Is Your Student Heading to College for the Right Reasons?

High school seniors have been doing their research on potential colleges, taking the appropriate high school classes, participating in plenty of extracurricular activities, making college visits, writing college essays, completing college applications, and finally awaiting the college verdict via acceptance or rejection letters.  Whew!

The college admissions process becomes a way of life for many high school juniors and seniors.  But amid the rush to get into just the right college, has your student taken time think about why they want to go to college?

A college education is expensive.  No one would argue otherwise.  Depending on the college, the expense may feel manageable or overwhelming.  A college education for the right reasons is an investment in the future.  Heading to college for the wrong reasons may potentially be a monumental waste of money.

As a high school parent (perhaps soon to be college parent) encourage your student to take time to think about why they are planning on college as the next step in their path.  Some students may decide that college is not the logical next step, at least not right now.  Chances are that more students will affirm that college is where they want to be next, but they will have a better idea of why they are going and that may be just the motivation to help them succeed.

Take some time to discuss with your student the reasons for college.  You may need to help your student consider the possibilities.  Here are a few ideas to get some conversations started.

I’m heading to college because . . .

  • I can’t decide what else to do with my life right now.
  • I couldn’t find a job, so I might as well stay in school.
  • That’s where the social life/partying/drinking/fun will be.
  • My parents will pay my way.  Otherwise, I’d have to earn a living.
  • It is the only way I can get out of the house and stop living at home.
  • All of my friends are going.
  • I’ll be labeled a failure if I don’t go.
  • My parents are pressuring me to go because everyone else in my family has gone to college.
  • My parents are pressuring me to go because no one else in my family has gone to college.
  • That’s where I’ll find a husband/wife/partner.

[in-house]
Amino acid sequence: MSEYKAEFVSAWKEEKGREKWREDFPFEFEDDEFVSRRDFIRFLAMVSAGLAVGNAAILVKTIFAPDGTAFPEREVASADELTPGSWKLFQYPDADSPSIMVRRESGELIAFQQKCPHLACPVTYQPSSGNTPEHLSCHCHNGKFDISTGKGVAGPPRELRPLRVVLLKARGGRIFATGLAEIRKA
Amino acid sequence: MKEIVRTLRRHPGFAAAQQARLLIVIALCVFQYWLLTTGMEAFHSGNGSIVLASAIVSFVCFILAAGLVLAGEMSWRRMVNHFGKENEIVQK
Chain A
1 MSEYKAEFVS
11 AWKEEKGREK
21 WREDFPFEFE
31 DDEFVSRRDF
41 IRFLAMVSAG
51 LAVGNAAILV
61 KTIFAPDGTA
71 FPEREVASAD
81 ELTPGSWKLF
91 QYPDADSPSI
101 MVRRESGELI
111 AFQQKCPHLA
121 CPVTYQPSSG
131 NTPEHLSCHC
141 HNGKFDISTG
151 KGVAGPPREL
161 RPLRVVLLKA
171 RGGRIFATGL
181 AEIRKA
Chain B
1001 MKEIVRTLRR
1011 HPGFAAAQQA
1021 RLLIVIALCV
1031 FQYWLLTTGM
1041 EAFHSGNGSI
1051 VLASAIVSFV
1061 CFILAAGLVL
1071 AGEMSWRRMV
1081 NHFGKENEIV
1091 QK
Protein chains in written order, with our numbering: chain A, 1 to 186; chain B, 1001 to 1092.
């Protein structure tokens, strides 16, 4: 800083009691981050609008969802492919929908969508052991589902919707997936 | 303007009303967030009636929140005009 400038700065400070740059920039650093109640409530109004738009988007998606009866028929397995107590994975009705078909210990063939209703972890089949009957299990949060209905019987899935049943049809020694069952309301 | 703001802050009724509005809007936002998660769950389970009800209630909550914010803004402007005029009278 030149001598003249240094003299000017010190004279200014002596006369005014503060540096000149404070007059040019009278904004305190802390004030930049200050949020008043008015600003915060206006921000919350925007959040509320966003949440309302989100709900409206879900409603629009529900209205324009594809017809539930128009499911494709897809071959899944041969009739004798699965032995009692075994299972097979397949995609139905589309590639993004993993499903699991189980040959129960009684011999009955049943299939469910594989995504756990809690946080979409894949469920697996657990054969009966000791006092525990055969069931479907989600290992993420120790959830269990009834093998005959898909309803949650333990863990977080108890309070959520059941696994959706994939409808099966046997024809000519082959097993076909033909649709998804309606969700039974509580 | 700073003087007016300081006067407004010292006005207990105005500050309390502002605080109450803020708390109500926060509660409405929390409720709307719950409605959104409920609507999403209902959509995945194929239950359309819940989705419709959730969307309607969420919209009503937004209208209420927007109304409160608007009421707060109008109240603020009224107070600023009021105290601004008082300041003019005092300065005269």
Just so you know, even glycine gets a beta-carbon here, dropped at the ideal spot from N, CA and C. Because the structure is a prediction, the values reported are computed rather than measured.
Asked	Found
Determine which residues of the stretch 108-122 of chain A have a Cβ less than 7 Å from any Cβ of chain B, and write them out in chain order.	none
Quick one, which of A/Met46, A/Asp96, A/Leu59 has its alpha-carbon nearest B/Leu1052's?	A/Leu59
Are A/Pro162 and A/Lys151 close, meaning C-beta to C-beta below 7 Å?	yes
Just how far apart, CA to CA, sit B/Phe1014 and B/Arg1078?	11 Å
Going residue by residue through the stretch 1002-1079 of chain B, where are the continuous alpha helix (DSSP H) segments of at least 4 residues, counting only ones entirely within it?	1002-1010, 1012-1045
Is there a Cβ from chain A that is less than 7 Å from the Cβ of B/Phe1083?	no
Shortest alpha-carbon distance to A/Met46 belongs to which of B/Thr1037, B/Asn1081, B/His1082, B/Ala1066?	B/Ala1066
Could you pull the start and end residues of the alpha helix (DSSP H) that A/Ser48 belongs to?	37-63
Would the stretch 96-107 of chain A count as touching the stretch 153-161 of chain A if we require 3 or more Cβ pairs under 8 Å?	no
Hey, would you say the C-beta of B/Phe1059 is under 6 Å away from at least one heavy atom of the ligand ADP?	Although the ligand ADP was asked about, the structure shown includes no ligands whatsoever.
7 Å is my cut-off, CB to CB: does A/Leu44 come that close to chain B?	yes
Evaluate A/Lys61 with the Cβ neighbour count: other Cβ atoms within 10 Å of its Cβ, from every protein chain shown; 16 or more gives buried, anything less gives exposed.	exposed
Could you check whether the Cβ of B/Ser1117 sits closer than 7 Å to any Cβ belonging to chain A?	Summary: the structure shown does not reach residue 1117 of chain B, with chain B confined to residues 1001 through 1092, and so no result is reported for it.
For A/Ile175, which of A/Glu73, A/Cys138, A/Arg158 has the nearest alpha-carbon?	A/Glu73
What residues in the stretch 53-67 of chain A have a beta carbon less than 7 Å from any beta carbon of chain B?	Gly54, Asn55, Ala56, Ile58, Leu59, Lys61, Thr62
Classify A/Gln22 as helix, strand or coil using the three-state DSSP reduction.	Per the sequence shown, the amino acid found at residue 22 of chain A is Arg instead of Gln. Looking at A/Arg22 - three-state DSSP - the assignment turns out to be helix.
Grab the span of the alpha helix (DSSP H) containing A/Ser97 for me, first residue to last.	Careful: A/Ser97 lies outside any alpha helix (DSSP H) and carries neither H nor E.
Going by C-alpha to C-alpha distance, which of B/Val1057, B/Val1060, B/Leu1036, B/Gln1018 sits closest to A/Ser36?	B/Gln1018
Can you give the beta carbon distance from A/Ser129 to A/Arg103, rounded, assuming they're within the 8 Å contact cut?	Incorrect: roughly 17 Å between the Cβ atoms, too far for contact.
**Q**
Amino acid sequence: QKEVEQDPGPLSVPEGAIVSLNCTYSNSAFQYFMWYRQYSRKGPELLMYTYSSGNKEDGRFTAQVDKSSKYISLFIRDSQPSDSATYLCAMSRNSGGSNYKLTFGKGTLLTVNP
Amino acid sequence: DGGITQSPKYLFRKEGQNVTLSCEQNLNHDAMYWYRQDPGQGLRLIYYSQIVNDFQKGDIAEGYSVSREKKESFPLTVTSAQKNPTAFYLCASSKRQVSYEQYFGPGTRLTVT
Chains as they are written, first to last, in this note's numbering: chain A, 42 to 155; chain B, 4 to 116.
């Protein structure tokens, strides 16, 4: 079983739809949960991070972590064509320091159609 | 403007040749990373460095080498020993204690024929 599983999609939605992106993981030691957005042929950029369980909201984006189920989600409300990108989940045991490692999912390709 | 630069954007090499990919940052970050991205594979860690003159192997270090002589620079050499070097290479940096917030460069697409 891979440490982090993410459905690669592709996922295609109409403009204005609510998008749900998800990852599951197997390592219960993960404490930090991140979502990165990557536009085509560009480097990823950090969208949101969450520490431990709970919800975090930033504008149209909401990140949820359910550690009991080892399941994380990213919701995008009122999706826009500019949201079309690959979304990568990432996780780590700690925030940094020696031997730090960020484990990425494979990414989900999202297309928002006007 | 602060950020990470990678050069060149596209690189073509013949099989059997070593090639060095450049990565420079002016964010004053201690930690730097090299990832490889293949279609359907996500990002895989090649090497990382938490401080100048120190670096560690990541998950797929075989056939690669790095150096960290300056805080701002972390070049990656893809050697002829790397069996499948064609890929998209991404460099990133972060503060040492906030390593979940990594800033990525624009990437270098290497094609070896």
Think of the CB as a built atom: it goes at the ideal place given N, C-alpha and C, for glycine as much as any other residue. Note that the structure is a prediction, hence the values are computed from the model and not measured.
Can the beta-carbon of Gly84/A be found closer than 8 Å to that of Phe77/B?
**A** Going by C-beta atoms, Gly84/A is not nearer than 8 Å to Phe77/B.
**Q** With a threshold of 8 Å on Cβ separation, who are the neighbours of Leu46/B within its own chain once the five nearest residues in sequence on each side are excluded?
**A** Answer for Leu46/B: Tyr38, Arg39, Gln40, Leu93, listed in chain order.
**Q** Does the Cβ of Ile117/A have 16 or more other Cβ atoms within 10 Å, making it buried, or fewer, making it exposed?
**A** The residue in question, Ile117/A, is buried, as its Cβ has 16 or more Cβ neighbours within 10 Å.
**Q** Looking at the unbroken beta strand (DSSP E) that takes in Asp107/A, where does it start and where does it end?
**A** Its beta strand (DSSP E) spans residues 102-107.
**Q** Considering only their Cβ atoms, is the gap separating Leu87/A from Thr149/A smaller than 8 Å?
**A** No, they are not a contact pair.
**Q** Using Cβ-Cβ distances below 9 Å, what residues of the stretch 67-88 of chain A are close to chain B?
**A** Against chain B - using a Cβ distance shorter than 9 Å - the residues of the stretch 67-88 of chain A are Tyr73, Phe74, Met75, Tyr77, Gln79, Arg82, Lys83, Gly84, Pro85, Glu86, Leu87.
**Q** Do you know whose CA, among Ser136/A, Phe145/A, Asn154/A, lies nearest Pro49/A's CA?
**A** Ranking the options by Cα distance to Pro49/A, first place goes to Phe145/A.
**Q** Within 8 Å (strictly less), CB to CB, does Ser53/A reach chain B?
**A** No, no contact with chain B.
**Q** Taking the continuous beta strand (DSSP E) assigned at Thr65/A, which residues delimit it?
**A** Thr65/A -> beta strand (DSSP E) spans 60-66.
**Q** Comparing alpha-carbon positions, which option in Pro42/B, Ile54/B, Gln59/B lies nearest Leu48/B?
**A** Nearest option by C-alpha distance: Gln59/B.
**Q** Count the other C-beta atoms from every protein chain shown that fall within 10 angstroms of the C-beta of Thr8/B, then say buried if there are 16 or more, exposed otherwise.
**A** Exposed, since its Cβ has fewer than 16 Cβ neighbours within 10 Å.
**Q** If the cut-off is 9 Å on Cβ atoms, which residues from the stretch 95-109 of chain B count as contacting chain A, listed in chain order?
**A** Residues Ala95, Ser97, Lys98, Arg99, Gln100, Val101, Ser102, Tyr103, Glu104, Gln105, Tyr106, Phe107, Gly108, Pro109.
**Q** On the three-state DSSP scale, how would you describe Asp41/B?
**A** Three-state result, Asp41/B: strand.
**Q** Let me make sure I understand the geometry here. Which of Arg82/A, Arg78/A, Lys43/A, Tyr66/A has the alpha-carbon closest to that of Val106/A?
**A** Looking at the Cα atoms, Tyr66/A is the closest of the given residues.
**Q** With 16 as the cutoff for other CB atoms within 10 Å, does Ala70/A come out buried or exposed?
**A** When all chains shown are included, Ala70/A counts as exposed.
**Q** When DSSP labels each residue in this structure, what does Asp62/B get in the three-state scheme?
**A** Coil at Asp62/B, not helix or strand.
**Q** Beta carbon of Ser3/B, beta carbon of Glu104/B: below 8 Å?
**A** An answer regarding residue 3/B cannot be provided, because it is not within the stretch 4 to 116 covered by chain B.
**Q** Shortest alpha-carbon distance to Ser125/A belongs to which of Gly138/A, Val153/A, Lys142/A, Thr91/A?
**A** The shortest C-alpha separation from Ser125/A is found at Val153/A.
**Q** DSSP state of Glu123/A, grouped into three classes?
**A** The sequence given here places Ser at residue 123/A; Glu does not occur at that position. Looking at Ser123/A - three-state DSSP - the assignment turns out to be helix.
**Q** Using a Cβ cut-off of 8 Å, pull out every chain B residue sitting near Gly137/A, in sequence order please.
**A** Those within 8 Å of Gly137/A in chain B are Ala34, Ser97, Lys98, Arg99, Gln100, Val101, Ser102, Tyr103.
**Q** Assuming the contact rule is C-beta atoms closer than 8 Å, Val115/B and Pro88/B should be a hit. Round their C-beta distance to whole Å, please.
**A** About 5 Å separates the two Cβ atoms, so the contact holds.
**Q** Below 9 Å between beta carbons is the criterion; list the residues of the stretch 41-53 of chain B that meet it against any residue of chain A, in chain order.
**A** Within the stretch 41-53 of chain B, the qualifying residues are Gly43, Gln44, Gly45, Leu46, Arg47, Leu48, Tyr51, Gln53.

• That’s where I’ll make connections to get a good job in the future.
  • It’s the only way that I see to get out of my home town.
  • I have no idea why I’m going to college.  It just seems like what you do after high school.

Obviously, if your student’s reasons for heading to college are all on the list above, you may want to have a serious conversation about whether college makes sense right now.  Your student may need to consider alternatives such as deferring enrollment, taking a gap year, or post-graduate year, considering a vocational or trade school, or getting a job instead.

But perhaps your student has given more thought and you both

agree that there are better reasons to head to college.

I’m heading to college because . . .

  • This is the way I’ll get a good job later.  College is job and career preparation.
  • I’ll earn more money later if I have a college education.
  • I’ll have more options later with a college education.
  • I’ll be able to network and make connections.  Other students may be the people who will hire me someday.
  • I’ll gain experience through programs such as study abroad or internships.

Obviously, some of these reasons are more thoughtful, and are often the reasons given for why the expense of a college education is worth it.  They may be very good reasons for many students.  But if students don’t value the experience of college as well as the end result of a college education, they will miss an important piece.

We’d like to suggest that some of the following reasons for heading to college will help your student make the most of all college experiences.  Try to help your student understand some of the less obvious, deeper benefits of a college education.

I’m headed to college because . . .

  • My experiences will help me discover what drives me in life.  I’ll find and explore my passion.
  • I will have an opportunity to explore my personal identity.  I’ll discover more about who I am.
  • I’ll have a chance to study a field that is interesting to me — even if it doesn’t directly lead to a particular career.
  • I’ll learn more about how to learn so I’ll be able to learn new things all through my life.
  • I’ll learn life skills that will help me throughout my life such as discipline, confidence, social skills, the ability to express my opinions clearly.
  • I’ll have a chance to practice being ”grown up” in a relatively safe environment where I can learn from my mistakes.
  • I will be learning how to think by increasing my critical thinking skills.
  • I’ll be exposed to diversity and people who are not anything like me.
  • I’ll learn to be a better citizen of the world by being exposed to great thought leaders and learning about civic engagement and how I can contribute to my smaller and larger communities.

The experience of attending college can be a wonderful and rich experience if your student is headed to college for the right reasons.  As parents, we can help our students think about their reasons and broaden their thinking.  It’s worth asking your student, ”Why are you headed to college?”

Related Posts:

Yes, You’re a College Parent, But Who Is This College Student?

Five Conversations Parents and Students Should Have Before the First Year of College

Helping Your Student With Goal Setting – And Action Plans

Why College?

If your student is in high school, check out our e- 60 Practical Tips for Using the High School Years to Prepare for College Success. This guide is not about getting in to college. It is about how to work now to help your student succeed once they get to college. Open the door and get the conversations started!

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